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Alabama and its governor, Kay Ivey, are the latest target of a lawsuit seeking to ease the rules governing absentee ballots because of the coronavirus pandemic.

Alabama latest target of lawsuit seeking to ease election rules

The League of Women Voters has sued Alabama to ease the rules governing absentee ballots during the coronavirus pandemic.

The lawsuit, filed in state court in Montgomery on Thursday, claims Secretary of State John Merrill did not go far enough in March, when he waived strict excuse requirements for voting absentee — but only for primary runoffs that were then postponed to July 14.

The suit joins dozens filed in state and federal courts, in almost a score of states across the country, by voting and civil rights groups that want more people to be able to vote by mail so they don't have to risk their health by voting in person.

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In an effort to walk back earlier comments, Missouri Gov. Mike Parson said he hopes everyone feels safe going to polling places Tuesday because voting is "one of the most important things you can do."

Don't feel safe? Then don't vote, Missouri governor says

Missouri's governor signaled Friday he was likely to sign legislation making it easy to vote by mail during the coronavirus pandemic, but not in time for local elections across the state next week.

Republican Gov. Mike Parson tipped his hand as he sought to tamp down a budding furor for what he said a day earlier. Critics viewed him as cavalierly dismissing anxieties of those having to venture out Tuesday for failing to qualify for an absentee ballot under the current excuse requirements.

"I hope people feel safe to go out and vote, but if they don't, you know, the No. 1 thing — their safety should be No. 1," Parson said during a press briefing Thursday. "If they don't, then don't go out and vote."

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Texas secretary of state

When checking the disability box on the form, Texas voters are not required to provide any more explanation and county officials are not authorized to investigate further.

Covid no excuse but absentee ballots on an honor system, top Texas court says

Lack of immunity to the coronavirus does not qualify Texans to vote by mail, the state Supreme Court has ruled, while also declaring that voters should be given broad leeway to cite their excuse of choice when applying for an absentee ballot.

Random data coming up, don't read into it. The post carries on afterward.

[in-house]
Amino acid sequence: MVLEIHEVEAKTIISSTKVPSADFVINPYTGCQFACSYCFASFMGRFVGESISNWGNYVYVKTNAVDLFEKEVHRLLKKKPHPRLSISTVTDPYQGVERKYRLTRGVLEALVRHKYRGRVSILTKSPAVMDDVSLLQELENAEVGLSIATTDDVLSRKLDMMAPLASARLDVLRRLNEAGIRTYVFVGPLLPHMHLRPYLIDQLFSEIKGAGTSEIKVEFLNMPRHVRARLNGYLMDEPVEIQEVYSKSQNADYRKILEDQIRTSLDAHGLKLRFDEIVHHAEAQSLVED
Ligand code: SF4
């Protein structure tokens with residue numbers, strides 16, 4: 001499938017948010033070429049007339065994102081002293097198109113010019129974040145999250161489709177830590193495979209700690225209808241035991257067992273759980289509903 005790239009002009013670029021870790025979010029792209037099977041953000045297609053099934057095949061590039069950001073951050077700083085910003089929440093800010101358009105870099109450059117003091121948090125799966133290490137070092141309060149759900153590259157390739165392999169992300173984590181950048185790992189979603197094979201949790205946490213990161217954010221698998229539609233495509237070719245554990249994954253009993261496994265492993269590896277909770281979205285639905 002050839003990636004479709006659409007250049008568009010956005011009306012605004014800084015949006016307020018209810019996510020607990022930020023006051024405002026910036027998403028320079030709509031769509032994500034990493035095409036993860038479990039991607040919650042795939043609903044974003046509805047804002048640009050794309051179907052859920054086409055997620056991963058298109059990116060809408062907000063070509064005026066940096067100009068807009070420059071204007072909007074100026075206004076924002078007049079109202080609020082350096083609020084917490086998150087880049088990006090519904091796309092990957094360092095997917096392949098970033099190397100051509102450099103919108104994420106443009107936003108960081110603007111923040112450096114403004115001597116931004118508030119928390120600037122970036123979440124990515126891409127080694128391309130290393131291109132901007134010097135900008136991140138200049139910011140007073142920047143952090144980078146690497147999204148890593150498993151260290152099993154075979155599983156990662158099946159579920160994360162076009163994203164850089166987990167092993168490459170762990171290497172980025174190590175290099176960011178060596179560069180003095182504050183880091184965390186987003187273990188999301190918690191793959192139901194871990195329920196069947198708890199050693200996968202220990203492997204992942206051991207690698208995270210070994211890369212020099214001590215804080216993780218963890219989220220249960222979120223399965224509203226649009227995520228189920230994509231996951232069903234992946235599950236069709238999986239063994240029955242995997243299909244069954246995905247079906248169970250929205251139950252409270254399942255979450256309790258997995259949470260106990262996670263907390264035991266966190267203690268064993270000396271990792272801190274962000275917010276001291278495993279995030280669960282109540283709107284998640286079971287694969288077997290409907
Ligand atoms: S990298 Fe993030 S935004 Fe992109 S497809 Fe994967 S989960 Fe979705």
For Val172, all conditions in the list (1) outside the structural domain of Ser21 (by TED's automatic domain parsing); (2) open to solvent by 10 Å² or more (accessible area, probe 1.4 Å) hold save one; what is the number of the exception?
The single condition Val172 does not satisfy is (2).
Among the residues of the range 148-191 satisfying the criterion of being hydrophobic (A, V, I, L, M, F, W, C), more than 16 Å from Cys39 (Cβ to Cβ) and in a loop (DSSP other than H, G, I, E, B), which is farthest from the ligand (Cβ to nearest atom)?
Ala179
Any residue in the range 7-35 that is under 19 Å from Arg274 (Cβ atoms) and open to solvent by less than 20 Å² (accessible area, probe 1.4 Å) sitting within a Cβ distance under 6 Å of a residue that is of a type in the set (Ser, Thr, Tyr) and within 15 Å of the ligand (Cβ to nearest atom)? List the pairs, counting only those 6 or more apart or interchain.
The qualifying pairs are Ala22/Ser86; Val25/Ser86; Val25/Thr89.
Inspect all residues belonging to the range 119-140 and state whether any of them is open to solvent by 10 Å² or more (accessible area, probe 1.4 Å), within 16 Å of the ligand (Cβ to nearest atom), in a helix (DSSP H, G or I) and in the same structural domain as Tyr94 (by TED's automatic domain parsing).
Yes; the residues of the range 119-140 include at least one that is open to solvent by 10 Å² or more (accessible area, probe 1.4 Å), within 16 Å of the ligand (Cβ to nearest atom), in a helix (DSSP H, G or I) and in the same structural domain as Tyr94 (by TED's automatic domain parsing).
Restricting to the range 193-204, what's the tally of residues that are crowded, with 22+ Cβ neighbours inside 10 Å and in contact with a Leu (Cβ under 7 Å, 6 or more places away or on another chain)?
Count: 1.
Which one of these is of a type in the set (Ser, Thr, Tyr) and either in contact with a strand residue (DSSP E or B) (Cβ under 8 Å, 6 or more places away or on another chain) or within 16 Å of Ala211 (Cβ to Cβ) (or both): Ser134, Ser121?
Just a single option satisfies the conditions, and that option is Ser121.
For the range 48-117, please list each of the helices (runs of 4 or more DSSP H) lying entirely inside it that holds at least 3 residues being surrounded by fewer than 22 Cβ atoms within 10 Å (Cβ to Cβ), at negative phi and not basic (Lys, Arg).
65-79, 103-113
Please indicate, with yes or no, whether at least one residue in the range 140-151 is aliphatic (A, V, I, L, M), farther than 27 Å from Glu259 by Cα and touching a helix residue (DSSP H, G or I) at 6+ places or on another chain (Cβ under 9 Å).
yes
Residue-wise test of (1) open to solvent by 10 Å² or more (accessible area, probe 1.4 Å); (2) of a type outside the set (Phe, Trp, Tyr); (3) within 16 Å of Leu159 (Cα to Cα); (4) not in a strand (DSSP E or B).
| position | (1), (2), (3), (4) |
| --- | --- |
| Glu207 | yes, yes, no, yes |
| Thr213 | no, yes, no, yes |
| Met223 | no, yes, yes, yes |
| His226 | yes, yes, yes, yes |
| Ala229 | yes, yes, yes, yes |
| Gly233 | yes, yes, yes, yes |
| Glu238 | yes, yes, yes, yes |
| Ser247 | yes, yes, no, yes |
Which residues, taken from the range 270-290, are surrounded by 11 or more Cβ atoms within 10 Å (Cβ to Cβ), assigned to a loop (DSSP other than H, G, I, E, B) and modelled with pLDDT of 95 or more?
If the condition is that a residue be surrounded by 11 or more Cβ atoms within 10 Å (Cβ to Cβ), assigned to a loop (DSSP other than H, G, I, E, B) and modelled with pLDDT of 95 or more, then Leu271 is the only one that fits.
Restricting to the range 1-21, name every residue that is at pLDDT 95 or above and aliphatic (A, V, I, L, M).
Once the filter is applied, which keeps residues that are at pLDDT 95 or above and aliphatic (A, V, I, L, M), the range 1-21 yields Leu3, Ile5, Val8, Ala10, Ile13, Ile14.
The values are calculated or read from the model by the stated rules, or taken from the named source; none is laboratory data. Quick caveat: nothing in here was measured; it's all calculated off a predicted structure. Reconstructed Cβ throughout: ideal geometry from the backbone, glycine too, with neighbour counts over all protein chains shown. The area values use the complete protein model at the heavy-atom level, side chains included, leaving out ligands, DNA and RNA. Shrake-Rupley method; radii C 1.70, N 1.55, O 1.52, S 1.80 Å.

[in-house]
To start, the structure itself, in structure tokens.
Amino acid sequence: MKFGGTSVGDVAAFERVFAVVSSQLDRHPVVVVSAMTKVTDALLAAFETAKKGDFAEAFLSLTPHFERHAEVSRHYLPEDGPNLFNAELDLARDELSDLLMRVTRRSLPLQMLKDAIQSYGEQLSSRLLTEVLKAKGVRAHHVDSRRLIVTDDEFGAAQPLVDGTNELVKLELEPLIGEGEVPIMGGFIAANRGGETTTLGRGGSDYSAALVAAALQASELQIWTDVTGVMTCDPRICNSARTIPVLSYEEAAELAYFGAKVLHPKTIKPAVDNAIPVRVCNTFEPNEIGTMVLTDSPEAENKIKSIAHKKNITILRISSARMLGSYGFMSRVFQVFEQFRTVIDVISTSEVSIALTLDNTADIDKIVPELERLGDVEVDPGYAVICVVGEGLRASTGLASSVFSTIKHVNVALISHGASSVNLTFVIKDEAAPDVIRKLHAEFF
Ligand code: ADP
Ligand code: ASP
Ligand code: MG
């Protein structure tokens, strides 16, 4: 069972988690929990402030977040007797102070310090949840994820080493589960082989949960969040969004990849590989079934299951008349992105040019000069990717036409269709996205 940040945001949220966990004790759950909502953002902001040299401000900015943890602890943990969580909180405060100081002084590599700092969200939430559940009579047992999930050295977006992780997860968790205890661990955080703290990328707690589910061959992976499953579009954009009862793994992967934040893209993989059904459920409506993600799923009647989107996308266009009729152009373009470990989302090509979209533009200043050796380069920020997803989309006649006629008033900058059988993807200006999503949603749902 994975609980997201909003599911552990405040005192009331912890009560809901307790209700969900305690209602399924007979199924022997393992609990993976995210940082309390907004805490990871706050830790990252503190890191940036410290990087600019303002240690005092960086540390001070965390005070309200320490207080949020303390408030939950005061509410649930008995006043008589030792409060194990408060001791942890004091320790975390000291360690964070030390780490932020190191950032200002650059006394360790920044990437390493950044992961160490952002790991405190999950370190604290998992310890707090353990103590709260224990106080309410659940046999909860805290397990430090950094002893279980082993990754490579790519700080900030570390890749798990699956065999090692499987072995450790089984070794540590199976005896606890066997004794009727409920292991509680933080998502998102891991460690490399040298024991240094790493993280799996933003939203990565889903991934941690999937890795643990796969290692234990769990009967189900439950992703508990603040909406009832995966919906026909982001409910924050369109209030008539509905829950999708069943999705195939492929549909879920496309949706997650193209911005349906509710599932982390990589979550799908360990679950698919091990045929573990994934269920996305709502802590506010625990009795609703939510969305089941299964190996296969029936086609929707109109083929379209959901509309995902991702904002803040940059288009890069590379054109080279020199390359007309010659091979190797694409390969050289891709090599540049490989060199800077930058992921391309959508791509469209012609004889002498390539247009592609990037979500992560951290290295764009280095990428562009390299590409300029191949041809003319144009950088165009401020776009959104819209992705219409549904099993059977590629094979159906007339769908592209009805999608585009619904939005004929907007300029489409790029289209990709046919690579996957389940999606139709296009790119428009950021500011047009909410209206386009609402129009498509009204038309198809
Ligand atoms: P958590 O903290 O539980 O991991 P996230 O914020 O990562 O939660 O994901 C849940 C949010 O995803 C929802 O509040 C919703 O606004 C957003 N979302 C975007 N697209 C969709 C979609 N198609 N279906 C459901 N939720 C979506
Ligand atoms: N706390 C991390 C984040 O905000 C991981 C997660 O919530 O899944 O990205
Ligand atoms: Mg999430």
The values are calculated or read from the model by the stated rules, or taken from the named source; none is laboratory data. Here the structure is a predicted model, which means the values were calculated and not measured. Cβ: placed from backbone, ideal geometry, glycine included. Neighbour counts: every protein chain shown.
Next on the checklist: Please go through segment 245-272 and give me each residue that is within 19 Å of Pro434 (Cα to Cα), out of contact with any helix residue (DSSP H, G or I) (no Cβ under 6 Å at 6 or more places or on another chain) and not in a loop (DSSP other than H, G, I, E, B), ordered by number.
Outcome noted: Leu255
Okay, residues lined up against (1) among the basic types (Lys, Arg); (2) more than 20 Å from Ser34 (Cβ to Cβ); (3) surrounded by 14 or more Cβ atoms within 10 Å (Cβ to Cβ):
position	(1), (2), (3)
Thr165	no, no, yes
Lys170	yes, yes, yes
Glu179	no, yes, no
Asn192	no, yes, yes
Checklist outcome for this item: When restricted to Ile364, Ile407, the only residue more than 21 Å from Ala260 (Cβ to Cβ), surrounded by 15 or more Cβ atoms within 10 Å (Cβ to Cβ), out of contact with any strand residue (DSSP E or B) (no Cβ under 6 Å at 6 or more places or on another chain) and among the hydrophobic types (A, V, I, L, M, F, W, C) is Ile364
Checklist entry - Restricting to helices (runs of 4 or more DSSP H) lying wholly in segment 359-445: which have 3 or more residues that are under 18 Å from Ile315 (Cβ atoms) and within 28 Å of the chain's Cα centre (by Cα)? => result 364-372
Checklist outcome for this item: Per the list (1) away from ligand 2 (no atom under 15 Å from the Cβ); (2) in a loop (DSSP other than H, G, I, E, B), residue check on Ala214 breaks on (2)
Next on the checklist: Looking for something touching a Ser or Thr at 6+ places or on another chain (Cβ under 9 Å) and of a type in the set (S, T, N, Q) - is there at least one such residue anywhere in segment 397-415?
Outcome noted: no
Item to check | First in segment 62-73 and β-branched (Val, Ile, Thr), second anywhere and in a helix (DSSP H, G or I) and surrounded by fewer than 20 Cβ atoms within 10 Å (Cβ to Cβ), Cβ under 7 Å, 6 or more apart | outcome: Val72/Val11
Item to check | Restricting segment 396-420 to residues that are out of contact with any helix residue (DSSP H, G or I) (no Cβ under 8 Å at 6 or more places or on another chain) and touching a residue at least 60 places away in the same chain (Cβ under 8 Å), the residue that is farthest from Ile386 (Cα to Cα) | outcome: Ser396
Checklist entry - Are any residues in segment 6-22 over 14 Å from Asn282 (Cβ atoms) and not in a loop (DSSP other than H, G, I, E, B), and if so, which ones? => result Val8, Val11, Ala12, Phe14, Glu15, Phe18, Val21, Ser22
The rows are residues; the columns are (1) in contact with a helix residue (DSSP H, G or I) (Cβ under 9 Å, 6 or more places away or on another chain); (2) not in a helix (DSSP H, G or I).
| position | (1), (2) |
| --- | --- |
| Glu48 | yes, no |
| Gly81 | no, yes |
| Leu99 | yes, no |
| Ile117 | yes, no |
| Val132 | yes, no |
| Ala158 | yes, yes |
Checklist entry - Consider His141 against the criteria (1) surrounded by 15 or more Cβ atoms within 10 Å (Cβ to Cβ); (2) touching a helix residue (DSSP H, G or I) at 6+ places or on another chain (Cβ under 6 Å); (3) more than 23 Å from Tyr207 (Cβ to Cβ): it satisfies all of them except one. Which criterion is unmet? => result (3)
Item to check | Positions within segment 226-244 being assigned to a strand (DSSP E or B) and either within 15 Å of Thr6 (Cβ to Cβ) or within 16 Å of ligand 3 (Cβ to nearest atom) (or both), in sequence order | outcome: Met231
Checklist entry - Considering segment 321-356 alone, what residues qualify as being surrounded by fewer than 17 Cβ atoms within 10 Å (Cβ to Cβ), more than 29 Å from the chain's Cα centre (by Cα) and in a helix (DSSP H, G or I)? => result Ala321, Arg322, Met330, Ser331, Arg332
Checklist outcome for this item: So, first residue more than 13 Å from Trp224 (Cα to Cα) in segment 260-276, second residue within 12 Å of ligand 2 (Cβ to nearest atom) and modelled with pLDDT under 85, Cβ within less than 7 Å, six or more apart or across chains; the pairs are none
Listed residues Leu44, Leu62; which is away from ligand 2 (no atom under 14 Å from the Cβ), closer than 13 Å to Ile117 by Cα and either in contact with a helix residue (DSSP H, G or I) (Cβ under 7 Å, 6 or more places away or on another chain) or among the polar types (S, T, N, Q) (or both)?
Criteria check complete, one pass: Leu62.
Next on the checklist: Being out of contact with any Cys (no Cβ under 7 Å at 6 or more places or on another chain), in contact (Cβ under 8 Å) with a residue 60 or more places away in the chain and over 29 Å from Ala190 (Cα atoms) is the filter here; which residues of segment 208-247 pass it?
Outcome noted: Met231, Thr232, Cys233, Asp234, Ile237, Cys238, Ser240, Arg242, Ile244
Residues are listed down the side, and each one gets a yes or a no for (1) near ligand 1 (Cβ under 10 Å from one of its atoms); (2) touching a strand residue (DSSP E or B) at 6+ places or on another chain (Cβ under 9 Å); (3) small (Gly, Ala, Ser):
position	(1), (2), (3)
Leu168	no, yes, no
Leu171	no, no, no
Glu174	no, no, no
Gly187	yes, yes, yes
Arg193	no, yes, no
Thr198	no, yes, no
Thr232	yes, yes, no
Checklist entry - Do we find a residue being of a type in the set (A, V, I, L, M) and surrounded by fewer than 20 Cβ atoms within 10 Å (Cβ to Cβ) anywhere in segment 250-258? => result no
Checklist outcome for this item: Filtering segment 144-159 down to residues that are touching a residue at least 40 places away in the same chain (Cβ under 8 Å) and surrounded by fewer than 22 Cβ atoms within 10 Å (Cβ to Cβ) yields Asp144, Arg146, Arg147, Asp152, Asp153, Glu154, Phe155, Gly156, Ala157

That decidedly split decision on Wednesday likely assures continued confusion and combat over voting rights this year in the second-most populous state — and one of the few where the state government is actively fighting calls to ease access to the polls because of the pandemic.

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Sara Swann/The Fulcrum

Bogus fraud claims cloud real obstacles to expanded mail voting

On the surface, the idea of conducting elections mainly by mail appears deceptively simple. It evokes images of a serious-minded citizen at the kitchen table, poring over information about candidates before thoughtfully marking a ballot, slipping it in an envelope and dropping it in the corner mailbox.

But the history of recent elections show that, even though such absentee ballots have accounted for only a quarter or so of the total vote, the system has faced serious obstacles. Suddenly doubling or even tripling the mail-in volume, which looks very plausible this November because of the coronavirus, will only magnify those challenges.

Compounding the problems is how the issue has become yet another partisan fight — with Democrats all in favor and President Trump pushing Republicans to oppose efforts to make voting by mail more available and reliable. The president's vastly overblown claims about a looming explosion of voter fraud, in particular, are overshadowing genuine worries about the abilities of election officials and the Postal Service to handle the coming surge of ballot envelopes.

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